I Can Only Imagine Being Witness to This Day in History

Discussion in 'Freedom and Liberty' started by RightHand, Aug 2, 2015.

  1. RightHand

    RightHand Been There, Done That RIP 4/15/21 Moderator Moderator Emeritus Founding Member

    Delegates sign Declaration of Independence - Aug 02, 1776 - HISTORY.com

    On this day in 1776, members of Congress affix their signatures to an enlarged copy of the Declaration of Independence.

    Fifty-six congressional delegates in total signed the document, including some who were not present at the vote approving the declaration. The delegates signed by state from North to South, beginning with Josiah Bartlett of New Hampshire and ending with George Walton of Georgia. John Dickinson of Pennsylvania and James Duane, Robert Livingston and John Jay of New York refused to sign. Carter Braxton of Virginia; Robert Morris of Pennsylvania; George Reed of Delaware; and Edward Rutledge of South Carolina opposed the document but signed in order to give the impression of a unanimous Congress. Five delegates were absent: Generals George Washington, John Sullivan, James Clinton and Christopher Gadsden and Virginia Governor Patrick Henry.

    Exactly one month before the signing of the document, Congress had accepted a resolution put forward by Richard Henry Lee that stated “Resolved: That these United Colonies are, and of right ought to be, free and independent States, that they are absolved from all allegiance to the British Crown, and that all political connection between them and the State of Great Britain is, and ought to be, totally dissolved.”

    Congress adopted the more poetic Declaration of Independence, drafted by Thomas Jefferson, two days later, on July 4. The president of Congress, John Hancock, and its secretary, Charles Thompson, immediately signed the handwritten draft, which was dispatched to nearby printers. On July 19, Congress decided to produce a handwritten copy to bear all the delegates’ signatures. Secretary Thompson’s assistant, Philadelphia Quaker and merchant Timothy Matlack, penned the draft.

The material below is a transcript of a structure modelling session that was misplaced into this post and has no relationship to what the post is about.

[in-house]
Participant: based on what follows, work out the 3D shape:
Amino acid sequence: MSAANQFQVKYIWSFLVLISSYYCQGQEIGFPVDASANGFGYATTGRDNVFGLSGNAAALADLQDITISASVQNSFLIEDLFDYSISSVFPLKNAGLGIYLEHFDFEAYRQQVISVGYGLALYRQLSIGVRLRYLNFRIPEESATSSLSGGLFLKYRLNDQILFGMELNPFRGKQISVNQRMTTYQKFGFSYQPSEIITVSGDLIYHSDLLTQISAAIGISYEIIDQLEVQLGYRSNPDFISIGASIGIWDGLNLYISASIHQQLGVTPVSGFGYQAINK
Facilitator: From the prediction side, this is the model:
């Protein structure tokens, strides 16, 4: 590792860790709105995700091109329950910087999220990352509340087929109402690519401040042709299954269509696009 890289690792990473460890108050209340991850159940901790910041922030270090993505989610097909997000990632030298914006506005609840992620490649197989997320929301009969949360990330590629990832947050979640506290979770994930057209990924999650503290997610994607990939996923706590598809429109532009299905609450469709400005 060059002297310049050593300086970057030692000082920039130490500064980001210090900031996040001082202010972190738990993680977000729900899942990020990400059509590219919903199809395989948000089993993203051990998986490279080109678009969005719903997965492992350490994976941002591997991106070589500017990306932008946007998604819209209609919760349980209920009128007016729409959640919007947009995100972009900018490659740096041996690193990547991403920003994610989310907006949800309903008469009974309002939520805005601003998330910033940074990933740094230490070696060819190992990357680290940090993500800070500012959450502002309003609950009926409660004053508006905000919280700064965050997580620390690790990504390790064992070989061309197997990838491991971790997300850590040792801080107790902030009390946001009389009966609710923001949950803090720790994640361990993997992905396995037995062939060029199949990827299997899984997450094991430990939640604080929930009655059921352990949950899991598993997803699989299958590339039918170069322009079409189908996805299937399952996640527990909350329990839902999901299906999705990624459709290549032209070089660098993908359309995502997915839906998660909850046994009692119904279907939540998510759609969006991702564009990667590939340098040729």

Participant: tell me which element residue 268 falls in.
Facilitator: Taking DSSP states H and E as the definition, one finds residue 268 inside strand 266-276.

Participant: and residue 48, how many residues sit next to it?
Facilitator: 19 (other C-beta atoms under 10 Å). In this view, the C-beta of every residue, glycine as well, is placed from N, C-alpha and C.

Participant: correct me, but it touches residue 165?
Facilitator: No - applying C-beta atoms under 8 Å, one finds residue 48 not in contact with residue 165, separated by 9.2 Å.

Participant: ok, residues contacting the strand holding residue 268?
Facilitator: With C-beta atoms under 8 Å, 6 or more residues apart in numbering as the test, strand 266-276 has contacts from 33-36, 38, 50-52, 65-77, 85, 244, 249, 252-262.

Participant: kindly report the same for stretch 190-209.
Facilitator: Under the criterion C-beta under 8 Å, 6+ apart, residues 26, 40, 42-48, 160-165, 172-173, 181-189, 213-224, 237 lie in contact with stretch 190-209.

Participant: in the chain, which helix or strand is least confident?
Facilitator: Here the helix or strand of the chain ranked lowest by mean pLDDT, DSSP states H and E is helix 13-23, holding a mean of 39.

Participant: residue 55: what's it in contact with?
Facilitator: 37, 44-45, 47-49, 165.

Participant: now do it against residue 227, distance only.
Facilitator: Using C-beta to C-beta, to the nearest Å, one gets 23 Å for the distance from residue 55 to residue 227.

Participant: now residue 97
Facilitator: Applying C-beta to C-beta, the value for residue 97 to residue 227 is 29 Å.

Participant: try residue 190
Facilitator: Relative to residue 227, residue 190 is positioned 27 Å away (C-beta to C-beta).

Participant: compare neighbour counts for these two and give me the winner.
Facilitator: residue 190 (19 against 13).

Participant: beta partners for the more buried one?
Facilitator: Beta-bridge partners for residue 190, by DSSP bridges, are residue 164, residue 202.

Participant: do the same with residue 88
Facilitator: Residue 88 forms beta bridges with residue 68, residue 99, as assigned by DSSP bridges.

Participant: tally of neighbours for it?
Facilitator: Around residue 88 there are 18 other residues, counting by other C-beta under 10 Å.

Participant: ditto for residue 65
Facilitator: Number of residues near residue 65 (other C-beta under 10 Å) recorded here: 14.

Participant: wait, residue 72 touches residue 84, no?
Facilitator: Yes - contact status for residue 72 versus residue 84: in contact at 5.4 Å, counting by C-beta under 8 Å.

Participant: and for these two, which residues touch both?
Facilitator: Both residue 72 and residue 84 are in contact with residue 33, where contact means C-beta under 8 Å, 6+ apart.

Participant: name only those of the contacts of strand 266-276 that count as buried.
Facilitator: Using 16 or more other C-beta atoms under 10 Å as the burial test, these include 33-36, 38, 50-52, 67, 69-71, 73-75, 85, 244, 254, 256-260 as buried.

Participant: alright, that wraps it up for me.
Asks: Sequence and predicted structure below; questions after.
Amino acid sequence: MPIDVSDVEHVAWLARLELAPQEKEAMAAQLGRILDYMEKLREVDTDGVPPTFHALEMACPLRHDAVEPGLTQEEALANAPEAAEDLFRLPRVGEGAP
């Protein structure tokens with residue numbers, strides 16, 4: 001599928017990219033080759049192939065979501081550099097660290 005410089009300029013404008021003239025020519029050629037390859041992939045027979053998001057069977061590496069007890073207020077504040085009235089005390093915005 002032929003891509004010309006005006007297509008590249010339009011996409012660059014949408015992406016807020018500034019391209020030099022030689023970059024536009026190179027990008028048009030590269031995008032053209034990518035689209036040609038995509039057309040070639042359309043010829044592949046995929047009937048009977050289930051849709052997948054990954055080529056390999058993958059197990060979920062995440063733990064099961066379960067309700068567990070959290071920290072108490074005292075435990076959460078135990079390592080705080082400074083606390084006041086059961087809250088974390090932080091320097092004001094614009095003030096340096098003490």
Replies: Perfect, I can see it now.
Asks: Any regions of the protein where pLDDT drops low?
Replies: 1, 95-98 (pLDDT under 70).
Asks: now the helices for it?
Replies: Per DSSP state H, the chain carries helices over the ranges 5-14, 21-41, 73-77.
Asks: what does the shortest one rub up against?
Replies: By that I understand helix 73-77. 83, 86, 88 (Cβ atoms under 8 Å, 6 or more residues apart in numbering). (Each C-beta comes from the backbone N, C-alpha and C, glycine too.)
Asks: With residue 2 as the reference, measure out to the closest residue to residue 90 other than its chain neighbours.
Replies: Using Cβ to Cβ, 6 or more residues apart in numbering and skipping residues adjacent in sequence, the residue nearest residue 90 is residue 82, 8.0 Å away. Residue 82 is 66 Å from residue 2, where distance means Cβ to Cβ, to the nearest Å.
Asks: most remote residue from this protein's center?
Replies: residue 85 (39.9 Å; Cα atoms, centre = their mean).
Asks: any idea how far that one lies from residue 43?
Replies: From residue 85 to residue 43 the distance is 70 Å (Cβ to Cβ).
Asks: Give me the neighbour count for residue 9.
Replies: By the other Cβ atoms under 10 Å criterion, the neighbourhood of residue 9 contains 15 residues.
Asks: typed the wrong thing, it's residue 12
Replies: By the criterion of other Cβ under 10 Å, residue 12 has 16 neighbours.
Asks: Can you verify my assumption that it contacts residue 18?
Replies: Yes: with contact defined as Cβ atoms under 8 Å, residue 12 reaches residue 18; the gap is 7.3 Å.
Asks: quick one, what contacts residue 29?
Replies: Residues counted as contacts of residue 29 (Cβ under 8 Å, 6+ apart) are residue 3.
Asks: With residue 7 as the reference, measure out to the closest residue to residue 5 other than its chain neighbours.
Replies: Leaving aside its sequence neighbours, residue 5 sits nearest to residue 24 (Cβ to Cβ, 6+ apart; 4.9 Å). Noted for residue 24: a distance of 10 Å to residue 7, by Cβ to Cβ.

News of the Declaration of Independence arrived in London eight days later, on August 10. The draft bearing the delegates’ signatures was first printed on January 18 of the following year by Baltimore printer Mary Katharine Goddard.
  2. Tully Mars

    Tully Mars Metal weldin' monkey

    See? Even back then New York was a PITA..;)

    This may sound silly to some, but standing where many of those men argued, debated and laid the groundwork for this nation always gave me goosebumps..
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  3. wnn

    wnn Guest

    I would love to see the look on their faces if a crystalball woulda been available & seen who's potus & wtf is goin on.
  4. Tully Mars

    Tully Mars Metal weldin' monkey

    I'd bet more than a few would be surprised we've made it this far honestly.
  5. Yard Dart

    Yard Dart Vigilant Monkey Moderator

    Unfortunately every thing that they worked so hard to obtain for the nation is unravelling before our very eyes....a sad time for the republic.
  6. RightHand

    RightHand Been There, Done That RIP 4/15/21 Moderator Moderator Emeritus Founding Member

    I somewhat agree. What I have discovered in the past year or so while I've been enmeshed in study of the times and the players. things we not as noble as they appear in the rear view mirror. There was every bit as much in-fighting, dirty politics, back stabbing and even disregard for the constitution after it was signed as we find today. Even Jefferson used what would be called "executive privilege" when he he bypassed due process and drafted a Bill of Attainder against Josiah Phillips.

    "A bill of attainder is a legislative, as opposed to a judicial, conviction of a capital offense. When a parliament or congress declares a person guilty of a high crime, circumventing the due process provided by the courts, the target is said to be “attainted.” He is culpable of felony or treason in the eyes of the government, without opportunity to defend himself at trial, and his property is seized." (Jack Lynch, Colonial Williamsburg, Issue Spring 2002"

    Would they be shocked with the current state of affairs? No, I don't think so. If the communication in the 1700 - 1800 was as fluid and as immediate as it is today, I believe that the new "citizens" would have seen much of the same thing that we are seeing today.
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  7. Airtime

    Airtime Monkey+++

    Most of them witnessed and some including Washington even supported one of the first significant escalations of federal dominance with the whiskey rebellion and subsequent SCOTUS ruling in support of the power grab. And that was in the late 1700's.
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  8. RightHand

    RightHand Been There, Done That RIP 4/15/21 Moderator Moderator Emeritus Founding Member

    Exactly. Since the very beginning it has been a struggle to limit the powers of the federal government. I guess that speaks to the human component in any political philosophy and how difficult it is to apply the pure concept to ever changing circumstances and players.